Homemade Sauerkraut Using Red Cabbage

The deep red-violet hue of red cabbage makes such a beautiful end product you may want to have these jars on display.  I wanted my red sauerkraut to have a different flavor profile than my regular kraut so I chose a unique blend of spices for this batch.  I measure the spices whole then grind them in a coffee grinder dedicated to this purpose.

Ingredients for a 10 Liter Crock



  • 10-12 pounds of cabbage 
  • 2T Kosher Salt per 5# cabbage
  • 3T Sugar per 5# cabbage (opt.)
  • 1/2 Large sweet onion
  • 2T Cardamom Pods
  • 1T Fennel Seeds
  • 2   3" Sticks Cinnamon
There is room for more in this crock but I based my recipe on the amount of cabbage I had on hand.  You can adjust proportionately for your fermenting vessel.


Although you can take shortcuts if you wish I find the following specialty equipment to be worthwhile both in maximizing the success rate as well as productivity.

I make my sauerkraut in specially designed .  The reason this type of crock is preferred is that it has a water-sealed airlock.  This is imperative to increasing your success rate as the water-sealed airlock allows gasses created during the fermentation process to escape while keeping oxygen out.  Oxygen can cause spoilage of your fermented vegetables and you would have to discard the entire batch.  Some use plates, weighted with brine-filled bags (which often burst) in hopes of keeping the sauerkraut or other vegetables away from harm but this is a hit-or-miss proposition.  To use this crock you will also need  stone weights to keep your cabbage submerged in the brine.  In addition to regular kitchen equipment, a wooden sauerkraut stomper is helpful.  fermentation crocks

Next you will slice the cabbage one-head-at-a-time.  To do this you can use a sharp knife, a mandolin slicer, a cutter specifically designed for cabbage or a vegetable slicer. After shredding 35 pounds of cabbage on a mandolin slicer I decided to invest in a Nemco vegetable slicer and it was worth every penny.  This commercial hand-crank slicer requires no electricity and will breeze through a head of cabbage in a minute or less.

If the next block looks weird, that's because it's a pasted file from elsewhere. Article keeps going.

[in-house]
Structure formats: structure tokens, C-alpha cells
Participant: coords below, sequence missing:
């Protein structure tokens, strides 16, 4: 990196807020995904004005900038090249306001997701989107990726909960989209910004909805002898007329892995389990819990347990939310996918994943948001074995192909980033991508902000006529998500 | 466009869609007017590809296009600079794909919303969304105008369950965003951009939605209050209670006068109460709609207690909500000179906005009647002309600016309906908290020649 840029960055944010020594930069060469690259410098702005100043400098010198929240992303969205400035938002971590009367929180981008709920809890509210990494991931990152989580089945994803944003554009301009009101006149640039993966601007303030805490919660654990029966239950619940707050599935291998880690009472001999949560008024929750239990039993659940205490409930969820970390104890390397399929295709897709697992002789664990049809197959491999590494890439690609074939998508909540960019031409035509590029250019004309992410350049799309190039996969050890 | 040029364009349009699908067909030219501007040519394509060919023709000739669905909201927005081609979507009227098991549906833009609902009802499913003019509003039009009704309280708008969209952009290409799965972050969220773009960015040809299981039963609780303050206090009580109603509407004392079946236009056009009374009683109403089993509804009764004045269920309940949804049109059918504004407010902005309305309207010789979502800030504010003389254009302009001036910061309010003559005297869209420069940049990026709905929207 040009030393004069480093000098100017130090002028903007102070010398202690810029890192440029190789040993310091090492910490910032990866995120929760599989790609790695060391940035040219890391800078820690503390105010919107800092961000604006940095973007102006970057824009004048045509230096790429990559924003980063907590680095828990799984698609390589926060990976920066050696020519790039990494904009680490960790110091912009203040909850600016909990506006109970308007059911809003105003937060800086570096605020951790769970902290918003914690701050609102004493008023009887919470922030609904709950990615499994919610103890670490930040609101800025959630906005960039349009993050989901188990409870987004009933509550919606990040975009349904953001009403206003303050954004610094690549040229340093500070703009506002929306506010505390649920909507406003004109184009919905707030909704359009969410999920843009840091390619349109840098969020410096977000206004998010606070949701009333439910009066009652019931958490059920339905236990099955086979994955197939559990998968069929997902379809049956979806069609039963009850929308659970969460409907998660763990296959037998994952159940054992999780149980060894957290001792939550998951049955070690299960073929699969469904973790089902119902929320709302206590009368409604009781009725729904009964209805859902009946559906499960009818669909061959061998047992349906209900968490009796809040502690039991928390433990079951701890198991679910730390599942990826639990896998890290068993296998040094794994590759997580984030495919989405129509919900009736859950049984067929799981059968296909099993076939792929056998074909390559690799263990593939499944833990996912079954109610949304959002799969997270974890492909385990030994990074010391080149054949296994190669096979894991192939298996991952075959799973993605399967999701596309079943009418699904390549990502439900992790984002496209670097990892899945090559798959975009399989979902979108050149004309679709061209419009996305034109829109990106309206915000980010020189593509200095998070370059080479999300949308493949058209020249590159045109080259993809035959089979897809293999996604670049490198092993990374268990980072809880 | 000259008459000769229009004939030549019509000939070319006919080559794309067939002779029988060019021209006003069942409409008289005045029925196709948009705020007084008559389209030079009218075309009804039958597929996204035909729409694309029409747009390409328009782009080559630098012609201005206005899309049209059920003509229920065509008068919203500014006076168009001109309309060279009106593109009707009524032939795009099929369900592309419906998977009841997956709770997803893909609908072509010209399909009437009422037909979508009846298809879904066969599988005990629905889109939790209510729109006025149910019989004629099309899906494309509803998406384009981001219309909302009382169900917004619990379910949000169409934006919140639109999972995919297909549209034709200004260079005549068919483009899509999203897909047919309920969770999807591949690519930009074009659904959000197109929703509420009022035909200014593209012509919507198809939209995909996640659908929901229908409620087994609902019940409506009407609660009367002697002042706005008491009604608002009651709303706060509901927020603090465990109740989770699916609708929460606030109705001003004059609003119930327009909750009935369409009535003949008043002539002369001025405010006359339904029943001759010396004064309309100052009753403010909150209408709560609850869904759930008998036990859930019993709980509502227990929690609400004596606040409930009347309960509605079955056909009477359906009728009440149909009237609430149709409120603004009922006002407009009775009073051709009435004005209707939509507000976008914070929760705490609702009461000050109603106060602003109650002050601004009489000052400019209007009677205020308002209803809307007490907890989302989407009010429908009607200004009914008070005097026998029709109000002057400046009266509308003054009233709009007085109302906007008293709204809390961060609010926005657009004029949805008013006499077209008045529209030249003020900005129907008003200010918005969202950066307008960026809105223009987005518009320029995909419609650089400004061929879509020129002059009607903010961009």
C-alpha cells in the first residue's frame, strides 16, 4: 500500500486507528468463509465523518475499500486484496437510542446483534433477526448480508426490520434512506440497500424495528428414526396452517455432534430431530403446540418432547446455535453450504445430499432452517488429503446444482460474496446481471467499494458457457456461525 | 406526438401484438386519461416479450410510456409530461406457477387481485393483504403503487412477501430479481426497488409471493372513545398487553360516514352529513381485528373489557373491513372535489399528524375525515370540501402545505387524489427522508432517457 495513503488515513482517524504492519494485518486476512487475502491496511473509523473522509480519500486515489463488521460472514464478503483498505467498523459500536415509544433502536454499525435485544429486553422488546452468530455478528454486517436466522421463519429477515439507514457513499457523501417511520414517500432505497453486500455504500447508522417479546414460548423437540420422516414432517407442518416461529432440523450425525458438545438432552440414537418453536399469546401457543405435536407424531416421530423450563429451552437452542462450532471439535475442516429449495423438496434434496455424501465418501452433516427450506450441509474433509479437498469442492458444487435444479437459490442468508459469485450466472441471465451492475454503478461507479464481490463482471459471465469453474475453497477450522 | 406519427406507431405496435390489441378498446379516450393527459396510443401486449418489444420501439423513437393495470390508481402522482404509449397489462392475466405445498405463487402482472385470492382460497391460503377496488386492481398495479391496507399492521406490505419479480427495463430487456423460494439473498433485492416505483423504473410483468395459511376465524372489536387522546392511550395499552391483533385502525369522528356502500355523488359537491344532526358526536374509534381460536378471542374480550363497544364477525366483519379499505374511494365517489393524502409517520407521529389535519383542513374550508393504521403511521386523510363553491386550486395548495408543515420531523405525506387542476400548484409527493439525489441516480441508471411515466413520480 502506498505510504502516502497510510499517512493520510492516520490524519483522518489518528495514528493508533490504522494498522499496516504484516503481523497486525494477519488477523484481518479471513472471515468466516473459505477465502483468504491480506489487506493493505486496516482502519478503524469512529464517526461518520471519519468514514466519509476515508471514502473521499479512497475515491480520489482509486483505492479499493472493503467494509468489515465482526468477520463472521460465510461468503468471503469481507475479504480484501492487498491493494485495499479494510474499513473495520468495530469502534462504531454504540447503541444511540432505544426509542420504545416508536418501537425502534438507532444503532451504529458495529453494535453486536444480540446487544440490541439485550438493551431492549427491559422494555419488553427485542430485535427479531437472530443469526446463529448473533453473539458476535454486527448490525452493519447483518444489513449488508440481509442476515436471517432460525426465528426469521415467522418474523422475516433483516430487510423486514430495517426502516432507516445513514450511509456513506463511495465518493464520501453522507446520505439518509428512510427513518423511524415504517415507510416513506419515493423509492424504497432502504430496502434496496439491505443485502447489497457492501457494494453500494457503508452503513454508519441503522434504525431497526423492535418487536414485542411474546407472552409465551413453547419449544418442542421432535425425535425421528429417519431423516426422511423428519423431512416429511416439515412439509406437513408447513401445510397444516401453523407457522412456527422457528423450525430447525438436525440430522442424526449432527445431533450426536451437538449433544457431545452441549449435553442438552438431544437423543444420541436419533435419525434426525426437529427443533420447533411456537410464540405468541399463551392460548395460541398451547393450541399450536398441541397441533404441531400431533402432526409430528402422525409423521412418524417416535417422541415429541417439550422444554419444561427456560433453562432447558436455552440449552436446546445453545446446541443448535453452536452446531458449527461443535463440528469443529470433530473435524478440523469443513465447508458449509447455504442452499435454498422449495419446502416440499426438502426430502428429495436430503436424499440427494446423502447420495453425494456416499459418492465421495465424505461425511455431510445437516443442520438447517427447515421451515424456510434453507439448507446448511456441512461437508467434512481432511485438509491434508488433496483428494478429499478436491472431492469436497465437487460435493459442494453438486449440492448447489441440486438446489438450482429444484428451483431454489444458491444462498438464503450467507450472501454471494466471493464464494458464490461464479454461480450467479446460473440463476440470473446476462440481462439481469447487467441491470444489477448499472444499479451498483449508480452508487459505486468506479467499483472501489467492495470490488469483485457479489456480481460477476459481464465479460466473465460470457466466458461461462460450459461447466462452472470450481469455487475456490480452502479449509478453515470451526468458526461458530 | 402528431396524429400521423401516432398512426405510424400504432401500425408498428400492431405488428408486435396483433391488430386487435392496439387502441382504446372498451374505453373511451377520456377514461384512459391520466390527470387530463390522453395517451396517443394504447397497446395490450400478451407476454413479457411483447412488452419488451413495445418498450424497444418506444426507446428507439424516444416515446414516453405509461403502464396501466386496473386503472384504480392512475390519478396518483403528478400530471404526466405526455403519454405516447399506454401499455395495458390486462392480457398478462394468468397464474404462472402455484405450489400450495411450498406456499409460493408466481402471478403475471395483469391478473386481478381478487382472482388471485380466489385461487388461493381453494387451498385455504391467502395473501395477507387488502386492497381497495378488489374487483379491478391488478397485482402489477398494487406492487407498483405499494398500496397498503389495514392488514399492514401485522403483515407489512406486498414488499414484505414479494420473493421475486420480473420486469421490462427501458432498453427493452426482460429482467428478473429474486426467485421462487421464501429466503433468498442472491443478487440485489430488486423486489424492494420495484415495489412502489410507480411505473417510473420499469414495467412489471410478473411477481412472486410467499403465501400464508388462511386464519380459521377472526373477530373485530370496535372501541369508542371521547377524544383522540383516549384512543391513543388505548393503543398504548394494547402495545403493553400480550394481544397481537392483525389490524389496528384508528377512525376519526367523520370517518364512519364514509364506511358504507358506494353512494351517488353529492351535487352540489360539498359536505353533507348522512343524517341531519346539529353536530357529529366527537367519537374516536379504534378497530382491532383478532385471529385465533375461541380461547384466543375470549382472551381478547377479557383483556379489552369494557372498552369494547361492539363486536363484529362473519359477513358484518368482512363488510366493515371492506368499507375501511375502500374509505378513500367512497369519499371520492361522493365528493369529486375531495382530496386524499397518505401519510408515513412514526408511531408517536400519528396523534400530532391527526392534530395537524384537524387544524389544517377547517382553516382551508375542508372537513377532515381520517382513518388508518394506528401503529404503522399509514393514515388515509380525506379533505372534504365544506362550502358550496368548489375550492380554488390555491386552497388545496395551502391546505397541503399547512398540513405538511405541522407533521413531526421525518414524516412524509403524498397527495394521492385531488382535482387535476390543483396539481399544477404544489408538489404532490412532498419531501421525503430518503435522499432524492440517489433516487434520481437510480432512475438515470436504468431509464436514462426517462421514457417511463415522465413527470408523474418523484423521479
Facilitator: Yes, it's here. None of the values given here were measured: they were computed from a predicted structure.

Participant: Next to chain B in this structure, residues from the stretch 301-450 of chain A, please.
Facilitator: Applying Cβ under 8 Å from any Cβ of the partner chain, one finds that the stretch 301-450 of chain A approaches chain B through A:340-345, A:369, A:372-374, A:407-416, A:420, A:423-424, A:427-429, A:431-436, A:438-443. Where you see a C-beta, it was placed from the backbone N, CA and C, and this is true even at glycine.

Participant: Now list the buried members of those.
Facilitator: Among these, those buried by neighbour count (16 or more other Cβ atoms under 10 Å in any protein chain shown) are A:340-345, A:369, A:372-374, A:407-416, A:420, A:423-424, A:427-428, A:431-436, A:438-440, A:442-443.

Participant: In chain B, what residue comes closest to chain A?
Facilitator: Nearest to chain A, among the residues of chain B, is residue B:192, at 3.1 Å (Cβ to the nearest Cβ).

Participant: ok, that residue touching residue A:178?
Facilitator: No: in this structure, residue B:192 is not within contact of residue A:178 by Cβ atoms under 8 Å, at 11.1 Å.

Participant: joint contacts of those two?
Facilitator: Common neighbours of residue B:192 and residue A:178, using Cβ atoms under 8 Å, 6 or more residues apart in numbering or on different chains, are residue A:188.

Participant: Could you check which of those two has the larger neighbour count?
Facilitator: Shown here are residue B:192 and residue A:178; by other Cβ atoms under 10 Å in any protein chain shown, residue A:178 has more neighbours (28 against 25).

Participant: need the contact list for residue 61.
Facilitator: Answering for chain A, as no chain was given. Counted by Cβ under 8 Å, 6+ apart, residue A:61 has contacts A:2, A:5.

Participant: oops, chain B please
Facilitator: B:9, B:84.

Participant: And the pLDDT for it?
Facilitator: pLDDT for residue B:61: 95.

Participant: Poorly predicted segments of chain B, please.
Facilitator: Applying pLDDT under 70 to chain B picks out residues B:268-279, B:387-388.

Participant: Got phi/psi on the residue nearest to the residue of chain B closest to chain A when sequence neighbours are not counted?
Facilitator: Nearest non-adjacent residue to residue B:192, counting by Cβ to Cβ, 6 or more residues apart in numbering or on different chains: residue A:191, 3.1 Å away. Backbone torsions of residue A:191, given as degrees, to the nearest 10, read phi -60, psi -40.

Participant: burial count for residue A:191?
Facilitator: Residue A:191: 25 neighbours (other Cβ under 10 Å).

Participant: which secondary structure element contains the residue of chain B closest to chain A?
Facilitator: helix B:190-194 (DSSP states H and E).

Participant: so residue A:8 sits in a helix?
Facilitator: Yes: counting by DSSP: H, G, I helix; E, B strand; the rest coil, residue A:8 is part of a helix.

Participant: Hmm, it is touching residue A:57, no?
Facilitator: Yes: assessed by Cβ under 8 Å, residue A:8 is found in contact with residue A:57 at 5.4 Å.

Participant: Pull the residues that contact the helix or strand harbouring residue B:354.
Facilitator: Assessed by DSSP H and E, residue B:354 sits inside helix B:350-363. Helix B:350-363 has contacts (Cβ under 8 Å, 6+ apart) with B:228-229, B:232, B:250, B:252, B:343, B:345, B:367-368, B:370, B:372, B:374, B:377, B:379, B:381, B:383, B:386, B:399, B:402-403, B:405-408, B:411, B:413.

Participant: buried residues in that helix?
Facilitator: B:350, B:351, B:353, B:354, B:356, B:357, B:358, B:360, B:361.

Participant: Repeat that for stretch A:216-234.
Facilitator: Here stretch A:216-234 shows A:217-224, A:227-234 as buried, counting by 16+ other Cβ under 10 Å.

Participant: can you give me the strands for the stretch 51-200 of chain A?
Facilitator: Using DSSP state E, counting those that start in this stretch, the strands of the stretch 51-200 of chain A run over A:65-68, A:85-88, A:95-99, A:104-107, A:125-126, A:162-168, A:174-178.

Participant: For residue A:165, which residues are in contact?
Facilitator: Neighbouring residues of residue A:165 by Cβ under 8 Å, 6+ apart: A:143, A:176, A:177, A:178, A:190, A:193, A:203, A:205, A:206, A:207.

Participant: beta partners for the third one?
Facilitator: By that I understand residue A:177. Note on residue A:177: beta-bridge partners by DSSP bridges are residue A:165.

Begin by removing the loose outer leaves and then quarter the cabbage with a sharp knife.  Cut the core from the cabbage quarters and shred each head of cabbage onto a tray.  When your tray is full add the cabbage to the crock and top with a layer of thinly sliced onions, one third of your spice mixture and 2 Tbsp. of salt per 5#.  Stomp the cabbage with the wooden stomper to break it down and release the juices.  The cabbage will compact considerably.

 Continue the process of shredding the cabbage and adding the salt (plus seasoning and onion as desired) then stomp aggressively to compress the cabbage.The salt will pull the moisture from the cabbage to create the brine.

After the final addition has been stomped down you should have enough brine to cover the cabbage and the weights.  

Make sure all of the cabbage is off the sides of the crock and below the brine.  Add the weights and press down so that the brine rises to cover the weights completely.

Place the lid on the crock and fill the air lock with water.  Within 24 hours you should hear the "bloop" of air bubbles being released through the water in the rim of the crock. Remember to top off the water in the airlock periodically so that you retain the seal.

The temperature at which you ferment the cabbage will affect the speed of the process.  At temps below 60 degrees the cabbage may not ferment; above 75 and it may become soft.  When fermenting the cabbage at 60-65 degrees it will take 5 to 6 weeks while storing the crock at 70-75 degrees your cabbage should be fully fermented in 3-4 weeks.  
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